The players in the history of decolonization and its aftermath have always competed in creatively asserting and re-asserting the narrative of the past. Representative figures on both sides of the colonial divide have therefore told and repeated stories that have tended to smooth out the kinks of incongruous minority experience and internecine struggle. However, the publication at the turn of the century of numerous personal accounts irreconcilable with both Algerian and French hegemonic narratives, and the anniversaries of recent years — 2012 (fifty years since Independence), 2016 (fifty years since Gillo Pontecorvo’s La Bataille d’Alger), and 2017 (sixty years since the height of the historical Battle of Algiers) — have invited scholars and invested parties to re-examine the misleading and generalized stories that have shaped Algeria’s imaginary. Scholars have responded by organizing conferences, workshops, and publications, and it is in the University of Leicester’s 2012 conference, ‘Algeria Revisited: Contested Identities in the Colonial and Postcolonial Periods’, that the essays of this volume find their genesis. Dividing their book into three parts, which investigate historical colonial conflicts and relationships, postcolonial literary and filmic identity construction, and postcolonial memory conflicts, the editors have assembled a wide range of extremely well crafted essays that share a common profundity and rigour in their presentation of arguments based on fresh research and re-examination. Through Michelle Mann and Rabah Aissaoui’s nuanced investigations of the ‘Young Algerians’, Arthur Asseraf’s groundbreaking study of Algerians in the French parliament from 1958 to 1962, Rachida Yassine, Samira Farhoud, Carey Watt, and Sophie Bélot’s chapters on literary and filmic works of feminine representation, and Blandine Valfort’s work on the identitarian poetry of Jean Sénac, figures of liminal identity and ambiguous desire, both historical and literary, complicate a binary picture of colonial and postcolonial relations. Moreover, political agency is re-ascribed to figures of the colonial past misconstrued by French discursive reduction in Samuel Kalman’s fascinating examination of banditry in the Constantinois. And, in the final part of the book, Jennifer E. Sessions, Claire Eldridge, and James McDougall develop and complicate our understanding of the battleground of postcolonial memorialization. What is particularly refreshing in their analyses, in particular in Sessions’s disentanglement of the competing demands that lead to the movement and installation of monuments of colonial origin, is a willingness to set the postcolonial lens to one side, to treat postcolonial factors as objects of study while avoiding making of them inflated objects for study. This approach is reflected in what is perhaps the boldest essay in the collection, Patricia Caillé’s analysis of ‘Algerian cinema’ as a category construct that, in her analysis, cannot respond to expectations, national and cinephilic, placed upon it. Indeed, this volume is perhaps at its most rewarding and powerful for both scholars of Algeria and scholars of other geographical regions, where it takes on a quasi-Saidian epistemological approach, warning off even enthusiastic mythologization. © The Author 2017. Published by Oxford University Press on behalf of the Society for French Studies. All rights reserved. For Permissions, please email: email@example.com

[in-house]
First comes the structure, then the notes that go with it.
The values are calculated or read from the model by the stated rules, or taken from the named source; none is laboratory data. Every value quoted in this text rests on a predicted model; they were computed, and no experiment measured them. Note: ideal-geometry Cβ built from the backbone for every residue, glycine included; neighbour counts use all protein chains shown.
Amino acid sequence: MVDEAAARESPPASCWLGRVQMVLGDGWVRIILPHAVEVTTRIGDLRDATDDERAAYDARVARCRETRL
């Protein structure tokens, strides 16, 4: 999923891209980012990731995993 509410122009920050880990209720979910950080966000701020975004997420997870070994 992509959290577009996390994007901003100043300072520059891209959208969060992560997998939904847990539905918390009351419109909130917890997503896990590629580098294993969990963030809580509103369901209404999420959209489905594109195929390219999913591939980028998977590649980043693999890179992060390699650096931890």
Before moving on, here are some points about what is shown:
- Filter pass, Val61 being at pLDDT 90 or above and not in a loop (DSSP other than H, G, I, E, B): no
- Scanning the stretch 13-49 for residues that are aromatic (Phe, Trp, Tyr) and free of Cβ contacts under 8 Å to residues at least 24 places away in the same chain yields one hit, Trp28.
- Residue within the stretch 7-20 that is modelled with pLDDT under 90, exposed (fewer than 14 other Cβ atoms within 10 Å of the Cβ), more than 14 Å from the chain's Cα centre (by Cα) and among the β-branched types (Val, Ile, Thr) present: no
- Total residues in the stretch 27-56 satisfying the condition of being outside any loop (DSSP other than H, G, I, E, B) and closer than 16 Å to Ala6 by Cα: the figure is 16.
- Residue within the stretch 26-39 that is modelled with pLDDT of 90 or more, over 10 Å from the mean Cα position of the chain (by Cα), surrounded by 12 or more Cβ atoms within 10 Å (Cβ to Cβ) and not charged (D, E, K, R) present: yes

French Studies – Oxford University Press
Published: Jan 1, 2018
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